Russell Baker, the Pulitzer Prize-winning American journalist, said in his memoir that covering Washington was just a matter of sitting in grand marble halls waiting for someone ever more important to come out and lie to you. One could easily make the case that this happens with considerable regularity in state houses and city halls throughout America.
If people think politicians can get ahead without untruths, they’re lying to themselves. Politicians have always had a distant relationship with the truth. They have always lied, are constantly lying, and will always lie. It no longer matters if statements have any basis in reality. Get over it.
Some political lies can lead to unnecessary war. Still others conceal illegal behavior. What matters is firing up your supporters and getting reelected. They promise heaven on earth, and when they can’t deliver, they spin, evade, manipulate the numbers and knowingly engage in falsehoods.
President Trump’s self-serving whoppers are overwhelming and are memorably labeled as B.S. The President’s body of falsehoods is singular in its multiplicity. He may be an outlier, but he is hardly unique in deliberately saying something untrue. The truth about lies is that politicians have always told them. Of course, the exception being America’s first President, George Washington. He could not tell a lie, unlike most politicians who cannot tell the truth.
Trump is not the only one lying. Recall a number of prominent presidential lies. Some are as egregious, such as when President Obama told the American public over and over that “if you like your health care plan you can keep it.” Better still, the many falsehoods President George W. Bush told in the run-up to the Iraq war, which were very damaging to the United States. Or when President Clinton shamelessly said in 1998, “I did not have sexual relations with that woman, Miss Lewinsky.”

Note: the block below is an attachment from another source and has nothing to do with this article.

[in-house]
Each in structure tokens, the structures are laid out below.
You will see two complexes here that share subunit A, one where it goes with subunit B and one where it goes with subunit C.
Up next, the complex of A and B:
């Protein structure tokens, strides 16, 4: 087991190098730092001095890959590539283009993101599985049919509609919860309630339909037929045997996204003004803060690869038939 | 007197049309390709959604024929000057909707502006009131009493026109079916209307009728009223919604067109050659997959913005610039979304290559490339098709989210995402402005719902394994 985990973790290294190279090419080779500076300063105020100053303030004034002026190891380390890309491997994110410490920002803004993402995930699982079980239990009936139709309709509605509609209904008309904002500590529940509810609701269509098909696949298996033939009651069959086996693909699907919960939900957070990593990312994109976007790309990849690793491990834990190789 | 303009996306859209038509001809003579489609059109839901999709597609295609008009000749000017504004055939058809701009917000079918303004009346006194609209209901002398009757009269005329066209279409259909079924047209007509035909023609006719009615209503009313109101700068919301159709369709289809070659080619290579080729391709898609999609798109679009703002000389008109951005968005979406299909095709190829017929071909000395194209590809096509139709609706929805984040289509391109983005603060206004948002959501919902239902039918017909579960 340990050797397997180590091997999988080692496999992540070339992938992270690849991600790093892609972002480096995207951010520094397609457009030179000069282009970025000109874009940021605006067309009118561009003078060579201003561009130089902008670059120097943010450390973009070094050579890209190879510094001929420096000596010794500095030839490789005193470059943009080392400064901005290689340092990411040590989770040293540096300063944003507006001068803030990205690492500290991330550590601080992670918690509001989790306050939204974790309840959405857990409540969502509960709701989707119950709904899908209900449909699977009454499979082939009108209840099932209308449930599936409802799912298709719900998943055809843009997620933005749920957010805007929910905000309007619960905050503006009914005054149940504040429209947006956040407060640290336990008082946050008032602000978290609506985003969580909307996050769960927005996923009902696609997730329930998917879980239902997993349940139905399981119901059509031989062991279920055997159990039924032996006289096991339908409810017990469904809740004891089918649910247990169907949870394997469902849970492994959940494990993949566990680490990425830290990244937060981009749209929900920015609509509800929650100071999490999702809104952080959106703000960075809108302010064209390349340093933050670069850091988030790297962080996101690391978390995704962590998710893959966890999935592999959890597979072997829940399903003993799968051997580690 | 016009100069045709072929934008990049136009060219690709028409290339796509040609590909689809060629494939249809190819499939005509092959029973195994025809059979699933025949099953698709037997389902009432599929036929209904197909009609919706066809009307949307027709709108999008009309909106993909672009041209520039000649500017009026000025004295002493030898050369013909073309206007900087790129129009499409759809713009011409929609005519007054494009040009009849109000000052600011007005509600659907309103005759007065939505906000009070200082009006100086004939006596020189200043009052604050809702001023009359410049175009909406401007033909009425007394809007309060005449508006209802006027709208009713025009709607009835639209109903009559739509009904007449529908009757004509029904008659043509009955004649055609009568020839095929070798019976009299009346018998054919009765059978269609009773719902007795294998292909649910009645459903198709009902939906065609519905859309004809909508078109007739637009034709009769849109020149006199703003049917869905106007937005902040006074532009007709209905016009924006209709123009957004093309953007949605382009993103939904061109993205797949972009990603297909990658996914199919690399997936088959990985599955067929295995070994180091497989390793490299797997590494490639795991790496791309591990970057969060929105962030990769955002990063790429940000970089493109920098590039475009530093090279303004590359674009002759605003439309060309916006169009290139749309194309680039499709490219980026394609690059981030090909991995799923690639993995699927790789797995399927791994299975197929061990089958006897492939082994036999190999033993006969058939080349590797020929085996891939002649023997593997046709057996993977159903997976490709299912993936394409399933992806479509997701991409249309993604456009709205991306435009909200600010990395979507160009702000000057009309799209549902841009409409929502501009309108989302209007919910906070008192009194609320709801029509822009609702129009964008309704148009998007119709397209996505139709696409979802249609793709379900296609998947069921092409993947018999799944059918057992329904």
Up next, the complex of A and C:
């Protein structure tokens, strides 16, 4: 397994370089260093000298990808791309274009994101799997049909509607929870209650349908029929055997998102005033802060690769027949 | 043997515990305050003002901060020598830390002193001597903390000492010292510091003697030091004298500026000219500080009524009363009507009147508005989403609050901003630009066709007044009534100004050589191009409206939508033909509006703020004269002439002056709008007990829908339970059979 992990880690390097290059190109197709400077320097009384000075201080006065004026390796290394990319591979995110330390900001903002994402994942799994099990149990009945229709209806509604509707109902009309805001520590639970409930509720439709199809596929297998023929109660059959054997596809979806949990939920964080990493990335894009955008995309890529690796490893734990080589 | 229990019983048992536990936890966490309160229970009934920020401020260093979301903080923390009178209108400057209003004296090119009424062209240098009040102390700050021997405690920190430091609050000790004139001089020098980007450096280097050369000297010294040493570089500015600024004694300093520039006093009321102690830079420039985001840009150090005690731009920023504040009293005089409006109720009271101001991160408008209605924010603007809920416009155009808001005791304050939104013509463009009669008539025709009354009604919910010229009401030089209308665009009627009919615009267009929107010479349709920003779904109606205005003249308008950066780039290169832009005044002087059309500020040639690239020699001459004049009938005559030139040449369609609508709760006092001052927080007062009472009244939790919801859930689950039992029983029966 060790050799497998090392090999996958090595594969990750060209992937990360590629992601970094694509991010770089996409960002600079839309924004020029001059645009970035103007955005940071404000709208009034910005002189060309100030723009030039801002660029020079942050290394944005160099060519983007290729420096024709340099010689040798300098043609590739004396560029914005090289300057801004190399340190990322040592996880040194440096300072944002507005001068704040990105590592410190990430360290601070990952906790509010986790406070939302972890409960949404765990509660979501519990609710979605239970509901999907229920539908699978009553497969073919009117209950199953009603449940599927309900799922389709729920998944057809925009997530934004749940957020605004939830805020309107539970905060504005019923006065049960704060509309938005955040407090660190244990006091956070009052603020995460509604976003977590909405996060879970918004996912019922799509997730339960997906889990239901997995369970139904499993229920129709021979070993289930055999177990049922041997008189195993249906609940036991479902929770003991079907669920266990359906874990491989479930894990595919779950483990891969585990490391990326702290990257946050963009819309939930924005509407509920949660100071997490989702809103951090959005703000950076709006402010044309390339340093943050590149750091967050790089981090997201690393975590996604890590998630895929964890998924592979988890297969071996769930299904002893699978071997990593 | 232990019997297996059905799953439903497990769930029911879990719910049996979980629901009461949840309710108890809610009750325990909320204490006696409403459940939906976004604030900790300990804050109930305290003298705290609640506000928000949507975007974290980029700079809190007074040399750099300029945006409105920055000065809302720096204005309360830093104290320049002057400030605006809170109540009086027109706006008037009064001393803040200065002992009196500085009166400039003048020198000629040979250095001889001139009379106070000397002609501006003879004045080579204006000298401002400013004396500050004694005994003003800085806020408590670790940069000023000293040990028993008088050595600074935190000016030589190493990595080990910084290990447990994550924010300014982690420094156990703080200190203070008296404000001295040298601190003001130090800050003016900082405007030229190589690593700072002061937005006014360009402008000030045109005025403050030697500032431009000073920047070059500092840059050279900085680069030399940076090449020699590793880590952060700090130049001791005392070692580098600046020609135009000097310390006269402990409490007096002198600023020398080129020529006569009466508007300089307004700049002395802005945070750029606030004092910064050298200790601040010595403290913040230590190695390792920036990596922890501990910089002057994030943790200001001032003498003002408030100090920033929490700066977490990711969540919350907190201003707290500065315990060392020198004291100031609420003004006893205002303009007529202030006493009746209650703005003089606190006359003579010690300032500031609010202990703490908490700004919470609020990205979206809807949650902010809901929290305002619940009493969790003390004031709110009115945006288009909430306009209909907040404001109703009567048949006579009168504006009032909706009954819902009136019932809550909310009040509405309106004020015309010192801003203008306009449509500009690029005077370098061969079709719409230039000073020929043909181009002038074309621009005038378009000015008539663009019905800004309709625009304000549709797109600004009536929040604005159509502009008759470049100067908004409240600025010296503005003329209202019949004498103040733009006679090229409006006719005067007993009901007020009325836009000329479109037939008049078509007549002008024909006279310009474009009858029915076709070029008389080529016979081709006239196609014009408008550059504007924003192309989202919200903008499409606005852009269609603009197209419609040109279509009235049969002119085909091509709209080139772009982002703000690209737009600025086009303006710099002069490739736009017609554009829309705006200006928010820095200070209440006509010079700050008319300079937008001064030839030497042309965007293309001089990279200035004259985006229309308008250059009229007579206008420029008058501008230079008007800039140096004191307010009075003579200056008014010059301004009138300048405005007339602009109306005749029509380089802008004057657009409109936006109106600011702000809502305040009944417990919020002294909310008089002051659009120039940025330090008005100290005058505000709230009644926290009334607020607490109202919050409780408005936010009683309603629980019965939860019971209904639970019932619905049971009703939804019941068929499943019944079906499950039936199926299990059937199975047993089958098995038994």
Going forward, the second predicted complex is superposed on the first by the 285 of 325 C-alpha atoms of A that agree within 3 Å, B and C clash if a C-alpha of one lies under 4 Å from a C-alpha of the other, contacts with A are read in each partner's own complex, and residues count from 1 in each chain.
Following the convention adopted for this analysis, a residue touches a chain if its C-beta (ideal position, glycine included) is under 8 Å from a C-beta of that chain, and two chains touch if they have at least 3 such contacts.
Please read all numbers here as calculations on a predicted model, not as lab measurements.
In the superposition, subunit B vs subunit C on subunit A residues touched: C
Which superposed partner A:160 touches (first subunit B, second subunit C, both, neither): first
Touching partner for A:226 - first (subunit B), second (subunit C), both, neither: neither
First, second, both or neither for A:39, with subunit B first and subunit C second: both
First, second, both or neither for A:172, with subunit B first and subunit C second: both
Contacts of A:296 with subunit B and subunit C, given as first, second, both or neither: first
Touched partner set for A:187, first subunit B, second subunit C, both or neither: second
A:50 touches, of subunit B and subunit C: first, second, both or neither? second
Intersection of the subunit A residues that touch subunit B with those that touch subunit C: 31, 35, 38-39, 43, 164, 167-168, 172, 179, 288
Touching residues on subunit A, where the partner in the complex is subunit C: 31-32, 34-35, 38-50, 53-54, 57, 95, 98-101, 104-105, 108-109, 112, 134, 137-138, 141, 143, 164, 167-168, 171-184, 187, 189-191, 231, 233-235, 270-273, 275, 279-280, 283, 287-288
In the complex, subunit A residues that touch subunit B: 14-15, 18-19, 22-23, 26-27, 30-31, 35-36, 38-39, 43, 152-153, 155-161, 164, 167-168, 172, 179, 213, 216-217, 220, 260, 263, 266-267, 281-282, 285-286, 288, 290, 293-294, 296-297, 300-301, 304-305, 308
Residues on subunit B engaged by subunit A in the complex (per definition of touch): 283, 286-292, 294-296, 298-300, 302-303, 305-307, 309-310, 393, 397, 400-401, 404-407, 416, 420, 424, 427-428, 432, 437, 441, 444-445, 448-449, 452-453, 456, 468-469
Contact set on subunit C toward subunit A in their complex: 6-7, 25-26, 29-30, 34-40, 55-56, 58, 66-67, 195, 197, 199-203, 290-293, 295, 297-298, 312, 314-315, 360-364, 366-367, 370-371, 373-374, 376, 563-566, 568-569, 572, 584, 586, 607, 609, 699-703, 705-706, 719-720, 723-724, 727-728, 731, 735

Then there was President George H. W. Bush’s “Read my lips, no new taxes.” And of course, “People have got to know whether or not their President’s a crook. Well, I’m not a crook” by President Richard Nixon. Truth tellers in politics are an endangered species. Polling data shows politicians among the least trusted actors in society.
But do the American people care about the veracity of what politicians say. Or do they simply want to hear “their truth”? People have a tendency to view information familiar to them as the truth and search for other information that reinforces their beliefs. Daniel Kahneman, psychologist and winner of the Nobel Memorial Prize in Economics, calls it “cognitive bias” – we tend to avoid those facts that force their brains to work more.
People live in their own social network bubble in the digital world. They go on the internet to search for information that confirms their convictions. They know more but understand less, dividing into hostile tribes. They see the world as a battle between left and right, each living in separate worlds.
They fish in different information streams. Politicized media outlets and online social networks put out completely different representations of the truth. Extreme partisanship is not a new problem. George Washington warned about the dangers of it in his Farewell Address in September 1796.
With social media, lies have the capacity to spread faster than ever before. It is a cheap and easy way to disrupt political discourse. After all, birds of a feather flock together. These days, anybody with a Twitter account can throw spaghetti at the wall and see if it sticks and for how long.
You would be right to conclude that Machiavelli would, with a few exceptions, have a lot to learn from public figures in the age of post-truth politics. The country is beset with tribalism, having forgotten the American forefathers’ motto “E pluribus unum,” which is imprinted on every coin in hopes of avoiding the United States becoming a nation of immigrants divided into tribes.